I remember well my first job interview. Senior year at George
Washington University and I stepped into the office of a
local community newspaper.
The first woman I saw was the receptionist. With a big smile,
she nearly shouted, "I don't know what you are here for, but
with that suit, you should get the job." My nervousness faded
as I patted the sides of my lavender suit, yes lavender, and
took a seat to await my interview. This woman not only put me
at ease, she presented a friendly face - a first impression -
for the entire company.
My first impression of the Arlington Catholic Herald was two
older women - the receptionist and bookkeeper - sitting in
the very quiet sixth-floor office. I recall a thin blue veil
of cigarette smoke and the not so subtle scent of Giorgio
perfume. Those days, smoking in the office was allowed. These
ladies were professional and pleasant, and they showed me how
to navigate the climate of the office run by Editor Charlie
Carruth, a Southern gentleman with an intimidating
Over my years at the Catholic Herald, we've had many
secretaries, receptionists, administrative assistants and
administrative professionals. Yes, the titles and job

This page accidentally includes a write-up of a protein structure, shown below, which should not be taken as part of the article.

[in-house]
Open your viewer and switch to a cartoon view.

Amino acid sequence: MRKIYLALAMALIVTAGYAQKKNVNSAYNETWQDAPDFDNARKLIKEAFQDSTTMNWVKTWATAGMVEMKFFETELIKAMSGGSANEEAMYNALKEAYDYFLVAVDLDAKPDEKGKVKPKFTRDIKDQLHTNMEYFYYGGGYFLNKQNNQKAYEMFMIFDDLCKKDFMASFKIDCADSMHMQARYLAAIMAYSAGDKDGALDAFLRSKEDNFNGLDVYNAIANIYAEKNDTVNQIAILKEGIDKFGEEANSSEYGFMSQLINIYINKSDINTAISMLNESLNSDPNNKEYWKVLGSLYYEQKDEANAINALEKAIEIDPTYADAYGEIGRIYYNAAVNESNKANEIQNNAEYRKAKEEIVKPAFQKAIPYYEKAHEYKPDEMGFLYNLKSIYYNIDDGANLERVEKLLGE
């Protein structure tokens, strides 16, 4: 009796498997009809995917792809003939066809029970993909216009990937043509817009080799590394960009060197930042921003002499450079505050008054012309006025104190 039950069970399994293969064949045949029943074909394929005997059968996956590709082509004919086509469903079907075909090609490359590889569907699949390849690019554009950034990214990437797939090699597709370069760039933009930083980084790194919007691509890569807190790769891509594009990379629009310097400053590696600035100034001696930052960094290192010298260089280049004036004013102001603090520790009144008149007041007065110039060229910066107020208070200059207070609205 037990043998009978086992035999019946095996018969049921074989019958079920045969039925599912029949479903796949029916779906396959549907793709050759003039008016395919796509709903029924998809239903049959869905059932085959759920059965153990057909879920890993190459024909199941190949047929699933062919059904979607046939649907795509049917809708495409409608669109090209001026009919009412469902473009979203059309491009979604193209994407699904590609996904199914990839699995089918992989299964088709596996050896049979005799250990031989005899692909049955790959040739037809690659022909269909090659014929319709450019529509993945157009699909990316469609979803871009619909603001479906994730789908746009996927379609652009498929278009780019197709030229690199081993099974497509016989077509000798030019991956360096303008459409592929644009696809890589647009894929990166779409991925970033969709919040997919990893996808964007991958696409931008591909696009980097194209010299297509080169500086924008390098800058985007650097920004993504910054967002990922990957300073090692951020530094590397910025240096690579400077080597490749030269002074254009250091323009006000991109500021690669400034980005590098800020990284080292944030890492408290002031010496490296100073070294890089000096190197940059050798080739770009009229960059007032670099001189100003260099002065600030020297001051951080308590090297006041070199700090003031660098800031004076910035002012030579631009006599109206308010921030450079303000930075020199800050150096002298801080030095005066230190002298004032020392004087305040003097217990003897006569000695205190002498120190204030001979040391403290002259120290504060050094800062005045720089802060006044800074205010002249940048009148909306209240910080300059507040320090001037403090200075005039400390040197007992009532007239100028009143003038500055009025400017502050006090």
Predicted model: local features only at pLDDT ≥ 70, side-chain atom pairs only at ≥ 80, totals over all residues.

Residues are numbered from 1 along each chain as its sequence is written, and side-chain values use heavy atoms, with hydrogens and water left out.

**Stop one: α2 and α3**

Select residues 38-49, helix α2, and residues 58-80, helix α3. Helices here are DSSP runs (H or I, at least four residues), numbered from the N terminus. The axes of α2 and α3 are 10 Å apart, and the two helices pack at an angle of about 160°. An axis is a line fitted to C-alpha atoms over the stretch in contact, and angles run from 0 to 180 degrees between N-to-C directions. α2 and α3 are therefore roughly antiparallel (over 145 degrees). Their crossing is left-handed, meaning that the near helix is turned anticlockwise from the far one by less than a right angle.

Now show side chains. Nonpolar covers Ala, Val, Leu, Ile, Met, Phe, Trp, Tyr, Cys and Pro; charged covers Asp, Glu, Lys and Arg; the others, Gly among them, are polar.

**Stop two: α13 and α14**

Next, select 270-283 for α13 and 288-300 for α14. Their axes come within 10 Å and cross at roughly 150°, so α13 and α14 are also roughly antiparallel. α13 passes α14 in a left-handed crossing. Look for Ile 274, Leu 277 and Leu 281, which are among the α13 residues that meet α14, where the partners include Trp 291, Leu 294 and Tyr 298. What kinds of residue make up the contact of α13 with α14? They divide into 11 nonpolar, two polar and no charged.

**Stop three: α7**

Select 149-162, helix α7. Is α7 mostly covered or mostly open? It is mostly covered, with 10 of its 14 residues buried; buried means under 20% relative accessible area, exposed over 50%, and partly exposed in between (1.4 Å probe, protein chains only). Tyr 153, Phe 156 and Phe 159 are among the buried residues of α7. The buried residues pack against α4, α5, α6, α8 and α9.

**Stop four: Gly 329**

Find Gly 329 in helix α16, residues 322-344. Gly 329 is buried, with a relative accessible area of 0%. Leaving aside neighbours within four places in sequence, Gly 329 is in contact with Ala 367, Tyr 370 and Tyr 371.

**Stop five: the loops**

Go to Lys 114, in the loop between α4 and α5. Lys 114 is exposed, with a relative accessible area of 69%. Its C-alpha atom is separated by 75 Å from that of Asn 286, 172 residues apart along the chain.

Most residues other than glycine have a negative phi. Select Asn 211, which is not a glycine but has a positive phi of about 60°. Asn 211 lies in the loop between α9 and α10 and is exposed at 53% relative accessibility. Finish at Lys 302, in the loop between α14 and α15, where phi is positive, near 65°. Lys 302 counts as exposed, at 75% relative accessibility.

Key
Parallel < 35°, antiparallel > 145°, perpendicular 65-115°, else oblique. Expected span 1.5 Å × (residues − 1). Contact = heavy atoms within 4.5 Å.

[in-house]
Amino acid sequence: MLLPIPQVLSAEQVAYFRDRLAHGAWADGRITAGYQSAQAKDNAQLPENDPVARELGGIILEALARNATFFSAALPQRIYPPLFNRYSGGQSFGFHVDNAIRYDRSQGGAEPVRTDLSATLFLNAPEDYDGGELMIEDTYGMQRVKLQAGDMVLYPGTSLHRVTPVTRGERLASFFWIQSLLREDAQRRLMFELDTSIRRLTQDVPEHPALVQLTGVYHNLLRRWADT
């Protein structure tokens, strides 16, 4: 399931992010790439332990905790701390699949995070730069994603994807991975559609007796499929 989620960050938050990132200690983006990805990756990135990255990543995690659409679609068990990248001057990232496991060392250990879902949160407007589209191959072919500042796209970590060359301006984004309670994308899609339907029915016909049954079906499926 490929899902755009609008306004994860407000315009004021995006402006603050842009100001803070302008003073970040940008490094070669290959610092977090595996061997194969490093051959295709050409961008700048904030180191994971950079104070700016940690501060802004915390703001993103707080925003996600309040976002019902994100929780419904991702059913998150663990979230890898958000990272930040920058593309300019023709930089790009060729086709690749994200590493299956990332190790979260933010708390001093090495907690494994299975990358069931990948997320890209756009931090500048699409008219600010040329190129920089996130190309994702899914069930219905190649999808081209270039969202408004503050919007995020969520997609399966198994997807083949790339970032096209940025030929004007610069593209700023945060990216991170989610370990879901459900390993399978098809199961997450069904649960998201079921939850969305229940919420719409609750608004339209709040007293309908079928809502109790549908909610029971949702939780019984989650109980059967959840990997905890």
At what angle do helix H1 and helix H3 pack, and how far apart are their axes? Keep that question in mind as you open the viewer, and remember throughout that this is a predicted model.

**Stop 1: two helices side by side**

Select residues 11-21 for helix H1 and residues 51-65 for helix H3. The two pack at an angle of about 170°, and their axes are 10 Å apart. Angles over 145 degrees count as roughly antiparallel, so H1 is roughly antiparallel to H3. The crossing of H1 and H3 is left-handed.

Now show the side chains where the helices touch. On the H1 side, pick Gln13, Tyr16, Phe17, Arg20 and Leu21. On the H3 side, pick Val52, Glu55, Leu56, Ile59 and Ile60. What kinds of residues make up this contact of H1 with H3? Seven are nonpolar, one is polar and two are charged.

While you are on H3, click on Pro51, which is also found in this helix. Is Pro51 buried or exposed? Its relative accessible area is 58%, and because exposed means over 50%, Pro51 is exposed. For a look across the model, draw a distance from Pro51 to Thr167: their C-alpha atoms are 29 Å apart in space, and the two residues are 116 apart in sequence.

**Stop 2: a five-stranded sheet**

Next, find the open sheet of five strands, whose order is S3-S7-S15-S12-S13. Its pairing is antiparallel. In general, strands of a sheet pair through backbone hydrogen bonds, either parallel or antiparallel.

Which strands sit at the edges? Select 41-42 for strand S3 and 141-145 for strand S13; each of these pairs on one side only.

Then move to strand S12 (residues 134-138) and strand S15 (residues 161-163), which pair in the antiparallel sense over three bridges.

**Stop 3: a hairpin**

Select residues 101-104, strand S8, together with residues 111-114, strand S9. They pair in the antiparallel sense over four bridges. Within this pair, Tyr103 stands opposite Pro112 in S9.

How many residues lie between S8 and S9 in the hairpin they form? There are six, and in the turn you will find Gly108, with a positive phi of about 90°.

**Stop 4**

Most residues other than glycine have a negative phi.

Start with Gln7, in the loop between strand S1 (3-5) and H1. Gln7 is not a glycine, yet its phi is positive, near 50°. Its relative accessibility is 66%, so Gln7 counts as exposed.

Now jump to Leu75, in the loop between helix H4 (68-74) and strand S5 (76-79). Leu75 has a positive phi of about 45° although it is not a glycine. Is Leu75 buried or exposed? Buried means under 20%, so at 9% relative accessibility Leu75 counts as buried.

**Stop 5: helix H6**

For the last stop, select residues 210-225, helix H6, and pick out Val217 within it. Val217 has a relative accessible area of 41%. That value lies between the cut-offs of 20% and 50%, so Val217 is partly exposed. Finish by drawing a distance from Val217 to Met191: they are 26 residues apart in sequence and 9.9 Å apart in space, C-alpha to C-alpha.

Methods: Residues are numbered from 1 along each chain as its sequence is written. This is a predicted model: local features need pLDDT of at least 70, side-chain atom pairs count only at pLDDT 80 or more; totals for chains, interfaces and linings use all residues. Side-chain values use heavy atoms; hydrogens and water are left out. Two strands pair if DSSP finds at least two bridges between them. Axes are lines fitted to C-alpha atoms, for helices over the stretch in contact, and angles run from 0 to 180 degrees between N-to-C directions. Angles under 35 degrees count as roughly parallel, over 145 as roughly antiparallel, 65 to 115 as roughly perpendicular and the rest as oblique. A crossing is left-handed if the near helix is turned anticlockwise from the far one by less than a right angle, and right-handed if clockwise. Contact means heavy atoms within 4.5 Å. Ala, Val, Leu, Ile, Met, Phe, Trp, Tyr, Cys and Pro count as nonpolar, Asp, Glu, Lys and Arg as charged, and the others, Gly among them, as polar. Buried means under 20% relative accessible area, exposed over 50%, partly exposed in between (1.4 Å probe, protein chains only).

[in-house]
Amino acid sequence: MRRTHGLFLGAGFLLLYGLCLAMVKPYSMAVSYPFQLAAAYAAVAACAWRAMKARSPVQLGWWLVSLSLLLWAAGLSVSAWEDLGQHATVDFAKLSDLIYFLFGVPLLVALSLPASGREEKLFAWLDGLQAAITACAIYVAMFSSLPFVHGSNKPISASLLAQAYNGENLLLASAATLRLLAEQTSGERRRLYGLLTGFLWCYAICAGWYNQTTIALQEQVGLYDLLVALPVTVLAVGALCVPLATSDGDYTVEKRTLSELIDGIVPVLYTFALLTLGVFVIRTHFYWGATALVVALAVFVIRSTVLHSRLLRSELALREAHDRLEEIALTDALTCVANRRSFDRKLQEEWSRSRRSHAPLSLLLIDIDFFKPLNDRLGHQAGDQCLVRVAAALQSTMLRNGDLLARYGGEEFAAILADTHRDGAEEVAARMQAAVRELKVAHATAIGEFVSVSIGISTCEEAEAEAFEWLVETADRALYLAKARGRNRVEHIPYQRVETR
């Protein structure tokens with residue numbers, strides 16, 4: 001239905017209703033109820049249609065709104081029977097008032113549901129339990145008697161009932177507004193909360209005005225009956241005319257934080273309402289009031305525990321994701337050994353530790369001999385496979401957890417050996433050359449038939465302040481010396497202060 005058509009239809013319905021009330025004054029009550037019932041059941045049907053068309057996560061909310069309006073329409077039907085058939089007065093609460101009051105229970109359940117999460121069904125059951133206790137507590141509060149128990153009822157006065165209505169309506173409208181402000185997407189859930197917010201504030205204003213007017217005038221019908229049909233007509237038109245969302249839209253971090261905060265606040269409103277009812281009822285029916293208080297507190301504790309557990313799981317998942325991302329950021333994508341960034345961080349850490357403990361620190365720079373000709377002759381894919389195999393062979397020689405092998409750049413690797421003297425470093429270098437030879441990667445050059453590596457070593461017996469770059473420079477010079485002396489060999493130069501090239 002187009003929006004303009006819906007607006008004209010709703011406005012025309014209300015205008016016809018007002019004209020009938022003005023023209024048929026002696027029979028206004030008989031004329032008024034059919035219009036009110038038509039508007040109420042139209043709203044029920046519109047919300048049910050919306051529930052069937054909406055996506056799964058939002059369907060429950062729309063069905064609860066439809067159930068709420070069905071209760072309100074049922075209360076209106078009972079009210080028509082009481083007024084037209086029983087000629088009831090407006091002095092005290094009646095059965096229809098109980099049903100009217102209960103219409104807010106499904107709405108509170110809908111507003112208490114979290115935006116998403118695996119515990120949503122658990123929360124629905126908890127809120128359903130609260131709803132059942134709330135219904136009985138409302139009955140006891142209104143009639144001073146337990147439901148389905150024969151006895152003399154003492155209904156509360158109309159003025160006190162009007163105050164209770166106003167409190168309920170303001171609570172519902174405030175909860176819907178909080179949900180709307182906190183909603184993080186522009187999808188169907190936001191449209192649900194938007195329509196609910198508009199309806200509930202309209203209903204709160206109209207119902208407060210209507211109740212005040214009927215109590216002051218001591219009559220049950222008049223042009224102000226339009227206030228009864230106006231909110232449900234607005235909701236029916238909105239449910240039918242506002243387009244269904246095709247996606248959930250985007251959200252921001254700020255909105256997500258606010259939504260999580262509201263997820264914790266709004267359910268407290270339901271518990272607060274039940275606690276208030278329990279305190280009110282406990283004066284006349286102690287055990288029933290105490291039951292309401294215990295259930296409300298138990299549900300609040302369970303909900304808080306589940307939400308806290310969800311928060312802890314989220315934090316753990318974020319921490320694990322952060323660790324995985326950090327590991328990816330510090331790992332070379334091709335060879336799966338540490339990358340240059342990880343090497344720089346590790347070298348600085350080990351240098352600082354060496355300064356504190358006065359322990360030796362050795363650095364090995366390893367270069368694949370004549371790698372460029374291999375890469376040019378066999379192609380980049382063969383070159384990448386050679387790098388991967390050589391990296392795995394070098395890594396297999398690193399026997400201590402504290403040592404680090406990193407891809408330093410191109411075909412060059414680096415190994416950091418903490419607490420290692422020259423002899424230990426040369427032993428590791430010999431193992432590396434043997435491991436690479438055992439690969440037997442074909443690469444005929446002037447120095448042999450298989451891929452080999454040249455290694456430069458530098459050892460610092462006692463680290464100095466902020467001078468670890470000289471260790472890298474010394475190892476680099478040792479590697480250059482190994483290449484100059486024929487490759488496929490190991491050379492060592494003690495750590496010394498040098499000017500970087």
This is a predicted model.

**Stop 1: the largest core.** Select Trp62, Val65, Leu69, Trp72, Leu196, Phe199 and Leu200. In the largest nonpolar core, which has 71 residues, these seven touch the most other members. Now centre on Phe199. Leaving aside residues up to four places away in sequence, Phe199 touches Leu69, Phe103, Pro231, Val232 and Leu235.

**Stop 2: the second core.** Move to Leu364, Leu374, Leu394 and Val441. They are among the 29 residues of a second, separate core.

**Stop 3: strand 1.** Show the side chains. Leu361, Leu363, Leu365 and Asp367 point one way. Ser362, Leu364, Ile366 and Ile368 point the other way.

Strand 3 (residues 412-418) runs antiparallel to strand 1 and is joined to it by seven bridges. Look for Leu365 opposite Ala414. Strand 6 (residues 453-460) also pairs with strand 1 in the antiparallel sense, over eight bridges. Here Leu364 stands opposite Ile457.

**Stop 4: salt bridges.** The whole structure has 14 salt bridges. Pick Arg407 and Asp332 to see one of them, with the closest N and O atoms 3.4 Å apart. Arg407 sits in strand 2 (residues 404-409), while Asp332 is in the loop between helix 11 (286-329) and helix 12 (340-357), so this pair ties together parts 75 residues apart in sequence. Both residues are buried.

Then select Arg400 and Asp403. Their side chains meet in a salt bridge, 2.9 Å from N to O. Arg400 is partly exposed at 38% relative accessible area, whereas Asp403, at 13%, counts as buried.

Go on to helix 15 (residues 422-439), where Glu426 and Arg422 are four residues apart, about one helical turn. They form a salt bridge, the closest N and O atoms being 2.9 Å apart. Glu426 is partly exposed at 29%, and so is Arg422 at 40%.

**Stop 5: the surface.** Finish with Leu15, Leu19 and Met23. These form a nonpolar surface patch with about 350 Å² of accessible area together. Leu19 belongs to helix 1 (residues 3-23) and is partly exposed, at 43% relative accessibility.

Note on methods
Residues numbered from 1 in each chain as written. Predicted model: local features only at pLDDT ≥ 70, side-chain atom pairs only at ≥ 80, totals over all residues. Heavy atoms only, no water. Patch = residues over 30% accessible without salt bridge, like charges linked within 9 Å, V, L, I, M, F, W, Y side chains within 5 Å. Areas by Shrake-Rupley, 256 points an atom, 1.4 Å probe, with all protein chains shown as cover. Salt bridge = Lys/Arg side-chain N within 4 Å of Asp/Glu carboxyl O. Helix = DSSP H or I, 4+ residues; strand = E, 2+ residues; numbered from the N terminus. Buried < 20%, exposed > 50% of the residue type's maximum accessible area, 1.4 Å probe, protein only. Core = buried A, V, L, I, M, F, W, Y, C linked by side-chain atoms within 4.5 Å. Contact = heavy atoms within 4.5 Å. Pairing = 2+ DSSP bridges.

descriptions have changed.
Each one brought something different to the job and to the
atmosphere of the office.
One was a young woman who desperately wanted to have
children, but could not. The day she found out there was a
baby awaiting adoption by her and her husband, she squealed
with delight and put in her notice.
Another had an illustrious career working closely with a
notable cardinal in Chicago.
One grandmotherly woman ran the office with the precision and
efficiency of a Marine Corps general, obviously from a
lifetime of being a general's wife with decades of experience
making things run more than smoothly.
A young woman from Costa Rica, who had left her parents
behind, found a needed fatherly figure in Editor Mike Flach,
even bringing in her boyfriend for Mike's approval. Another
woman had tried to find her niche in the convent, but decided
the lay single life was for her. Not long ago she sent in a
note with her wedding photos. She looked exuberant.
Just like all the personalities that have come and gone at
the Catholic Herald over its four decades, many stand out,
but perhaps none more than the women, yes they were all
women, who "manned" the front desk. The polite handling of
cranky readers, the wild goose chases of locating old photos
in bygone editions to the keeping us all on task with
timesheets, expense reports and birthday celebrations.
Secretaries, receptionists or administrative professionals -
they are often the unsung heroes of our offices. Seems
fitting to give them a high-five, a greeting card or a
sincere thank you April 27 on their day.